Seven Best Practices for HR

HR best practices are specific actions and processes and actions that have proved to be instrumental in adding value regardless of the organization or industry. When aligned with the business strategy and vision, it leads to exceptional business performance, optimum efficiency, and increased company profits.

When combining these seven best practices, you can expect a profoundly positive impact on the organization and for the employees. Ultimately, it will all contribute to achieving strategic goals and gaining a competitive edge.

Best Practices

The following Human Resource best practices were proposed by Jeffrey Pfeffer who is an academic in the fields of organization theory and human resource management and author of The Competitive Advantage through People (1994), and The Human Equation: Building Profits by Putting People First (1998). 

Providing Employee Security

Security and stability are highly important to people as they can consistently provide for their family and it’s the primary reason why people go to work. Security underpins everything that the Human Resource department does. When employees feel their security is threatened, it affects performance, attendance, and has an immediate ripple effect throughout the organization. It is therefore essential that HR works on retaining employees and being able to quickly identify issues that can potentially jeopardize an employee’s sense of security.

Recruiting the Right People

Hiring the right candidates means finding people who are a good fit and who will add value. This is key to the company achieving its goals, making a profit, and avoiding unnecessary and expensive lay-offs. Using HR analytics and effective recruitment tools is crucial in making the right choices. Tools such as IQ tests, structured and unstructured interviews, personality assessments, and reference checks help uncover key characteristics to ascertain a candidate’s ability, trainability, commitment, and work ethic.

Effective, Self-managed Teams

Teamwork is a necessary component and high-performing teams are what HR should strive towards nurturing for productive outcomes. Teams that are psychologically safe and cognitively diverse deliver the best output and HR can use a number of approaches to facilitate teamwork. These include feedback channels, goal setting, brainstorming sessions, and team-building activities.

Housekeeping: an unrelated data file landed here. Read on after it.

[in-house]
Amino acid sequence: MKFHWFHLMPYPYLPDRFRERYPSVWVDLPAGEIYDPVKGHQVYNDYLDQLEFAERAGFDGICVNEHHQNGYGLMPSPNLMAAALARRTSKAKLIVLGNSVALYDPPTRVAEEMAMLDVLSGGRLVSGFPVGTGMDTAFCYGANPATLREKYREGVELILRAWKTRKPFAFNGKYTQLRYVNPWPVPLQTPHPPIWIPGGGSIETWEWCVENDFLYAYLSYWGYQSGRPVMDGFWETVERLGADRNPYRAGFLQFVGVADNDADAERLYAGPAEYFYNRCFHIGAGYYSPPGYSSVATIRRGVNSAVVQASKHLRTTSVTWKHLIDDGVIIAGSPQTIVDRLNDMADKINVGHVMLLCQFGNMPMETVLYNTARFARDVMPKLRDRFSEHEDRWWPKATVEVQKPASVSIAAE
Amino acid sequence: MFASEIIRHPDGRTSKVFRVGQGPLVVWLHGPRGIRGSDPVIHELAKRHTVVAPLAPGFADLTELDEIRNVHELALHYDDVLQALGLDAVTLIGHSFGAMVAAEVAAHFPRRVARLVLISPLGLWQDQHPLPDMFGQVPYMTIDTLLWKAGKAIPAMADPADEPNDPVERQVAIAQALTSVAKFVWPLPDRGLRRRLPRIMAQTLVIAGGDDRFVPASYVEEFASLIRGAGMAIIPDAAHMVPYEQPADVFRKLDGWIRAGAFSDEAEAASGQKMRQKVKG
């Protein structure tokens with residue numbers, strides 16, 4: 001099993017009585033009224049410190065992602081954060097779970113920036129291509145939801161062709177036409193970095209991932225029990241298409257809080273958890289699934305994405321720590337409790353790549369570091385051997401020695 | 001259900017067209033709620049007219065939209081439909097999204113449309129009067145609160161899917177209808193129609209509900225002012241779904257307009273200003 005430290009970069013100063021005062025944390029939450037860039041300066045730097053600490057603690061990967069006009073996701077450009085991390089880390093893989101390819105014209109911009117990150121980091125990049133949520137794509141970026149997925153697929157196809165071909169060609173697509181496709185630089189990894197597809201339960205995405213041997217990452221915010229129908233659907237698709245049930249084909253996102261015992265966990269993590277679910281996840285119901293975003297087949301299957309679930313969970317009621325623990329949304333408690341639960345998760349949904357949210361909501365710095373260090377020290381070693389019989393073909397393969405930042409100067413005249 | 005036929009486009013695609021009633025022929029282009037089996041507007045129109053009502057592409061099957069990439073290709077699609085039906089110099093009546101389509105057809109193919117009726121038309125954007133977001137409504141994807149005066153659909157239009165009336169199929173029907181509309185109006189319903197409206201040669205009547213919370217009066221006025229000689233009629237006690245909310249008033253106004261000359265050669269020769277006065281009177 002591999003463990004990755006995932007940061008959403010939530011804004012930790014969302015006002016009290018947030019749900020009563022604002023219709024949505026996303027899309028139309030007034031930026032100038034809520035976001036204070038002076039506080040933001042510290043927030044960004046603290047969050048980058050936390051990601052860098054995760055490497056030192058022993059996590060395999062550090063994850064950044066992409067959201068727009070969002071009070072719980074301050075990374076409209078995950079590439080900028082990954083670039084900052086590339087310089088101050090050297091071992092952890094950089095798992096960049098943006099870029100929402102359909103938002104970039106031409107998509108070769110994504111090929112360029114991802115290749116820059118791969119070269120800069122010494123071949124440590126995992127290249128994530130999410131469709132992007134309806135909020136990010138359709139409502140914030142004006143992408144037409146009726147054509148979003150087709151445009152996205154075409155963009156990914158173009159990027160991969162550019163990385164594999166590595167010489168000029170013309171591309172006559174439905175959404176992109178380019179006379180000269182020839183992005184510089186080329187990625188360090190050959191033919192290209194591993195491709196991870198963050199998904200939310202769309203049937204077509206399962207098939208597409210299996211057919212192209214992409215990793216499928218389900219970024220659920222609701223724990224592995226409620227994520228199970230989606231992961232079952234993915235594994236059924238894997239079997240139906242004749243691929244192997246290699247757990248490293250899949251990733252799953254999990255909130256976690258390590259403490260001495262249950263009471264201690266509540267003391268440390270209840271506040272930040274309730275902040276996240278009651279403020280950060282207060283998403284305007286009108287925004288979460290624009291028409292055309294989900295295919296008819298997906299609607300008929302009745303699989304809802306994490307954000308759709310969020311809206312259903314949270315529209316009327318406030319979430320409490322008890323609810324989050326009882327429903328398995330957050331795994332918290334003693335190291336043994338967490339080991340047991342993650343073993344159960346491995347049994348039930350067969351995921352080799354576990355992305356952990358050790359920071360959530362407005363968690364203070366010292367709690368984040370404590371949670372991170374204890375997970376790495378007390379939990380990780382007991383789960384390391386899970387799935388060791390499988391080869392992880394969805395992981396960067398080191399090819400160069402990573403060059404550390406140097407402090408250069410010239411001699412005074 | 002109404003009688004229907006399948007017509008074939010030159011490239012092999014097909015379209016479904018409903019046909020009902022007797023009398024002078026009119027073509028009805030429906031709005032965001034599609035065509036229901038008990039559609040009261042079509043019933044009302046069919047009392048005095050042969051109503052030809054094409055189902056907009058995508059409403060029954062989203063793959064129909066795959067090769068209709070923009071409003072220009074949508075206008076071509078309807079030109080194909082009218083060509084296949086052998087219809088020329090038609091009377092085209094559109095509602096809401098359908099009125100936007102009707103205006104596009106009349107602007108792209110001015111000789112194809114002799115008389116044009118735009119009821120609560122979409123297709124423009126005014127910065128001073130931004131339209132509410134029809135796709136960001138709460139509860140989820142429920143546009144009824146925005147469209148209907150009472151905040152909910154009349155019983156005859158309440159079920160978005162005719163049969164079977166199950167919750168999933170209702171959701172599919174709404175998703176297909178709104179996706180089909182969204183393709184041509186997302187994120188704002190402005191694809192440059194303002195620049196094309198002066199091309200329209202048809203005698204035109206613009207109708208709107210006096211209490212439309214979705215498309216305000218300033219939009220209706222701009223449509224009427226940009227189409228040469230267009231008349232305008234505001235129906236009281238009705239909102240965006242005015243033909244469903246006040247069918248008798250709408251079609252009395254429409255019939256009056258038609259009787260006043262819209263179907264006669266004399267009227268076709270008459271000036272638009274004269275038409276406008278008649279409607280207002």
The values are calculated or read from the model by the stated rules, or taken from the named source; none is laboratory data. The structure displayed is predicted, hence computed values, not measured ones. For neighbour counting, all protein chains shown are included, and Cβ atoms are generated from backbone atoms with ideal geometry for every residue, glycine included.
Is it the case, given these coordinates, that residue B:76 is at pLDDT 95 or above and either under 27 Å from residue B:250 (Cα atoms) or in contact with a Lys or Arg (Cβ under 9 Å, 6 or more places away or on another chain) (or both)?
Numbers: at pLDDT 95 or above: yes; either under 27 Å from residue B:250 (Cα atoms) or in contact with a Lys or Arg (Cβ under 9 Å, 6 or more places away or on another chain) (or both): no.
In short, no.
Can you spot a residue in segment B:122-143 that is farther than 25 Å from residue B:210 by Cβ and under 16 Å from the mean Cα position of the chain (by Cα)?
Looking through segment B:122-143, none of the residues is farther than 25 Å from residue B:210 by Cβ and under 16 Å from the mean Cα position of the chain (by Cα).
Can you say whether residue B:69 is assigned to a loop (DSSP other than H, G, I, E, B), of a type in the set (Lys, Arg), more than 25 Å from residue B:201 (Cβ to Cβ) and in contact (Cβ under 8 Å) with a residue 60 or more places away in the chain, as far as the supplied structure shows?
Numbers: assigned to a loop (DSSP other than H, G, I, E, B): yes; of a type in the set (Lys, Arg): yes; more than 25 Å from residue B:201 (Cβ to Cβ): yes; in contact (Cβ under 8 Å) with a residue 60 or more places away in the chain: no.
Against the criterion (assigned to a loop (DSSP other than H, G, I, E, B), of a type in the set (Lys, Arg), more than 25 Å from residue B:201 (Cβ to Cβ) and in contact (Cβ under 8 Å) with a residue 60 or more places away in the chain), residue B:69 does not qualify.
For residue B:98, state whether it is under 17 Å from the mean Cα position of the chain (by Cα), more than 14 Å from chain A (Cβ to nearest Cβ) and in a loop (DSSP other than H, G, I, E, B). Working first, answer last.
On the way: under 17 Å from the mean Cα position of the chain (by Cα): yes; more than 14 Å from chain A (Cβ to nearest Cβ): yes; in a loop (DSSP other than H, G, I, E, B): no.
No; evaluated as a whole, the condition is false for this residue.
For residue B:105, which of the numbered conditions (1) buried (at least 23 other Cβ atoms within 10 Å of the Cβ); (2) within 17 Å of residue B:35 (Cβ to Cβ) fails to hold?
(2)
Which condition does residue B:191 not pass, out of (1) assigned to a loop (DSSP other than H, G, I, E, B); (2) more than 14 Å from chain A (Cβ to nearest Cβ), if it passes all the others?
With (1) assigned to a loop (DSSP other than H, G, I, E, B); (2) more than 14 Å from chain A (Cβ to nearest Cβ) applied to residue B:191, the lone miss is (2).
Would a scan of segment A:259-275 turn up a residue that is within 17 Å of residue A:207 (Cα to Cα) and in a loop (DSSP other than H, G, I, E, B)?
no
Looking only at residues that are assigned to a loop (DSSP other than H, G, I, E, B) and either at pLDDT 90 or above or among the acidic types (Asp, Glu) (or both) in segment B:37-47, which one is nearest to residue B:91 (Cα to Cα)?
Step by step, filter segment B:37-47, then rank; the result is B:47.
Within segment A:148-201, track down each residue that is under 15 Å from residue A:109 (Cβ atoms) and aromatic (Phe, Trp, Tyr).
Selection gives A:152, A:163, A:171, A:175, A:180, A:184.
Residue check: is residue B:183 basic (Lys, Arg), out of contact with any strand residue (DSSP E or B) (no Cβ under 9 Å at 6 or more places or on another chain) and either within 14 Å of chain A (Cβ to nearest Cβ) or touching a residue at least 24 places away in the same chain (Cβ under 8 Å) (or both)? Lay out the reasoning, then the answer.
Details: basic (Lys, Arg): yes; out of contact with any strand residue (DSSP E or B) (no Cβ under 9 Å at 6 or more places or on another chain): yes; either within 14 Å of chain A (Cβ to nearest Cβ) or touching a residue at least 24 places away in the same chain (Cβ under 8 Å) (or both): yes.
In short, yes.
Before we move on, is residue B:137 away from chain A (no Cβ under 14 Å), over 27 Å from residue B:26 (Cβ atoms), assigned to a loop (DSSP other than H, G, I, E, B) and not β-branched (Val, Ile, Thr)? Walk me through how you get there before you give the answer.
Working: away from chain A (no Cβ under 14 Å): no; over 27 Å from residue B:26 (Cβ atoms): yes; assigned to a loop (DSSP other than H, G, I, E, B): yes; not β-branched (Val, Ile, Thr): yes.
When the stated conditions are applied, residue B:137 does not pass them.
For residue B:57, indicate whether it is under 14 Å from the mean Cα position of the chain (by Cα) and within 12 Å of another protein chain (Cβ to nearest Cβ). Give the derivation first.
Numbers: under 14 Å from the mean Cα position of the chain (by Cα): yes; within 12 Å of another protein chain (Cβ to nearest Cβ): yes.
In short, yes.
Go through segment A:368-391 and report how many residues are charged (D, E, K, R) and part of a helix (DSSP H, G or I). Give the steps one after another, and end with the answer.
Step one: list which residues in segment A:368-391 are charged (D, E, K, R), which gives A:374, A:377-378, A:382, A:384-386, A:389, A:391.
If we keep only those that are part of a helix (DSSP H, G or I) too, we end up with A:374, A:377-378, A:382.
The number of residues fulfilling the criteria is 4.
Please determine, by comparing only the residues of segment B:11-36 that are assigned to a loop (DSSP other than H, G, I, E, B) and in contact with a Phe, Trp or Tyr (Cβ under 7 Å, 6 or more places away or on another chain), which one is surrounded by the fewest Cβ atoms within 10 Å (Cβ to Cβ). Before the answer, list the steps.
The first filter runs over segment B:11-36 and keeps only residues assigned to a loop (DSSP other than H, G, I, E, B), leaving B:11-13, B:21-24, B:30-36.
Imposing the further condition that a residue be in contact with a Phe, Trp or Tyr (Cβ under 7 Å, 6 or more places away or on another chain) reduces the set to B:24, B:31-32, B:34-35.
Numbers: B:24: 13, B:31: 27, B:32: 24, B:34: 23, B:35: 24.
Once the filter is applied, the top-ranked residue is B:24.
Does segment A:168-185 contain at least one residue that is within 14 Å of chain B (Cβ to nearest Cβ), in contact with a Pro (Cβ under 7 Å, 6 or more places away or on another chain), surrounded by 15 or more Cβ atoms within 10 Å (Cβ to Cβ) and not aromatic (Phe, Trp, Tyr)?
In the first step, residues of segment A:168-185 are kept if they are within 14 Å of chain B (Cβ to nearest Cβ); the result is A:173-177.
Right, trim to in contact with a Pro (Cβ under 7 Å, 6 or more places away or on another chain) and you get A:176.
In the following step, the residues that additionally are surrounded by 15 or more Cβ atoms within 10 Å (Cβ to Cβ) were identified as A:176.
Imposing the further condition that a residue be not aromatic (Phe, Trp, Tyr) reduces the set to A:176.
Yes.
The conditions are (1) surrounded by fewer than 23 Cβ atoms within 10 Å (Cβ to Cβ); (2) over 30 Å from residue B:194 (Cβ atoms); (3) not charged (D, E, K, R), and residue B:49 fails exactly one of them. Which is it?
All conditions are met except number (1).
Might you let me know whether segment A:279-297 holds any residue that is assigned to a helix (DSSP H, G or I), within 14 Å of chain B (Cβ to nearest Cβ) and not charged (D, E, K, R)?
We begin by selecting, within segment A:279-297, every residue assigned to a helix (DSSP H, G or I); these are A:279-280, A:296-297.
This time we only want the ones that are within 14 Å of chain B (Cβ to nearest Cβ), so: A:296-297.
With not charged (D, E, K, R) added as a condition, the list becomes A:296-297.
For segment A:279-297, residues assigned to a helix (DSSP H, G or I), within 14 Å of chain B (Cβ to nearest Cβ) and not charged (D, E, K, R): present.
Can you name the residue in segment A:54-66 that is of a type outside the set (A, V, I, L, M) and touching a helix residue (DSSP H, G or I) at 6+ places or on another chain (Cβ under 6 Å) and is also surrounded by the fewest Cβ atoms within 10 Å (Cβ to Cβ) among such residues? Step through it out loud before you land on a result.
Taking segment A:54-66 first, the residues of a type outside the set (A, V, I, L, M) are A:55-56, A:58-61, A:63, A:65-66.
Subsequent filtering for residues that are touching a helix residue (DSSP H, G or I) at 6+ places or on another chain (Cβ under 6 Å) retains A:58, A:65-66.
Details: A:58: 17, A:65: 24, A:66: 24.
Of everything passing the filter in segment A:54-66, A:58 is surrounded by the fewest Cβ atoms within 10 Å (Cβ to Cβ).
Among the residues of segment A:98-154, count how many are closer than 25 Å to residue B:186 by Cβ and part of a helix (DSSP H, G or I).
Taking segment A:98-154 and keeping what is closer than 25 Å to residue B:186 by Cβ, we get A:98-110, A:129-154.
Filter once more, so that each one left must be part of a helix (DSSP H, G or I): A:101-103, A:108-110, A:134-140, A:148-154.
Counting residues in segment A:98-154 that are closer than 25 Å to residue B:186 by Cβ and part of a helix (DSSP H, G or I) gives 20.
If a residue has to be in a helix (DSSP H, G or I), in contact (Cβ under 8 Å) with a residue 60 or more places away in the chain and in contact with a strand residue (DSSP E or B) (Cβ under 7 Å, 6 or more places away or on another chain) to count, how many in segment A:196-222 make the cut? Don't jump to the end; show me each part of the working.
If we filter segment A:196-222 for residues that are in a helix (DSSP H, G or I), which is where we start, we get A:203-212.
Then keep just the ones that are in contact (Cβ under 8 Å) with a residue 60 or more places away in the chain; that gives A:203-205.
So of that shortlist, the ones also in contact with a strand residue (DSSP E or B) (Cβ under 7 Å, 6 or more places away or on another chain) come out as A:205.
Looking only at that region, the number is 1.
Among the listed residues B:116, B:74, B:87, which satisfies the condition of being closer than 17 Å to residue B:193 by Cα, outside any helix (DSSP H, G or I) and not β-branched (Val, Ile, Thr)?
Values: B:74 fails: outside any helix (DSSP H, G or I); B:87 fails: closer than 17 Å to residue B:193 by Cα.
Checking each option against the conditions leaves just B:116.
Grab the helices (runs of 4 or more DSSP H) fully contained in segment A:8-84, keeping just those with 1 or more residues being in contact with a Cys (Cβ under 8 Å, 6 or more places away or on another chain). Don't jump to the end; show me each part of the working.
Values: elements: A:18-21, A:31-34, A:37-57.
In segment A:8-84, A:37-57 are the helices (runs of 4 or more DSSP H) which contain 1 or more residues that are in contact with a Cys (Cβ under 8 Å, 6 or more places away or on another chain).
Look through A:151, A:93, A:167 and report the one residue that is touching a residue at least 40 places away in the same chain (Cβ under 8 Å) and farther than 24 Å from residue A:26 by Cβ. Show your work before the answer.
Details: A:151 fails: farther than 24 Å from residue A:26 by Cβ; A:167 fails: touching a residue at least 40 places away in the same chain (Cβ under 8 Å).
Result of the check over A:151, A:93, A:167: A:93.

Performance-based Compensation

When a company has the right people in place, it is important to compensate them fairly and, in some cases, at above-average rates. The people who add the most value are the ones that should be protected and retained. Compensation can come in formal pay, bonuses, and other benefits that the employee feels are worth the reward. Incentives like profit sharing and stock options promote an employee’s sense of ownership and commitment to the organization.

Relevant Training

Identifying relevant training for the right people ensures the workforce skills remain current and enable them to be experts in their field. Through continuous learning, companies are able to innovate faster and improve and develop products for increased profits. Formal training through courses and workshops, as well as on-the-job learning, are central to valuable employees having opportunities for further development. A lack of relevant training often leads to a high rate of employee turnover.

Promote an Egalitarian Approach

Although it may be a challenge to completely replace the traditional hierarchical organizational structure with an egalitarian one, especially in a large company, a combined approach can be just as effective. It doesn’t require eliminating all boundaries and reporting channels, but a blended style based on an egalitarian philosophy increases flexibility, autonomy, and collaboration between employees and teams.

Information Transparency and Accessibility

Openly communicating with employees about financials, strategies, and operational issues fosters a culture of trust. When employees feel trusted, informed, and valued, it discourages negative rumours and malicious gossip. It also allows the workforce to share their ideas as they have a good understanding of what is happening in the business. Providing the opportunities to contribute and influence decisions engenders loyalty and productivity.

Creating Value with HR

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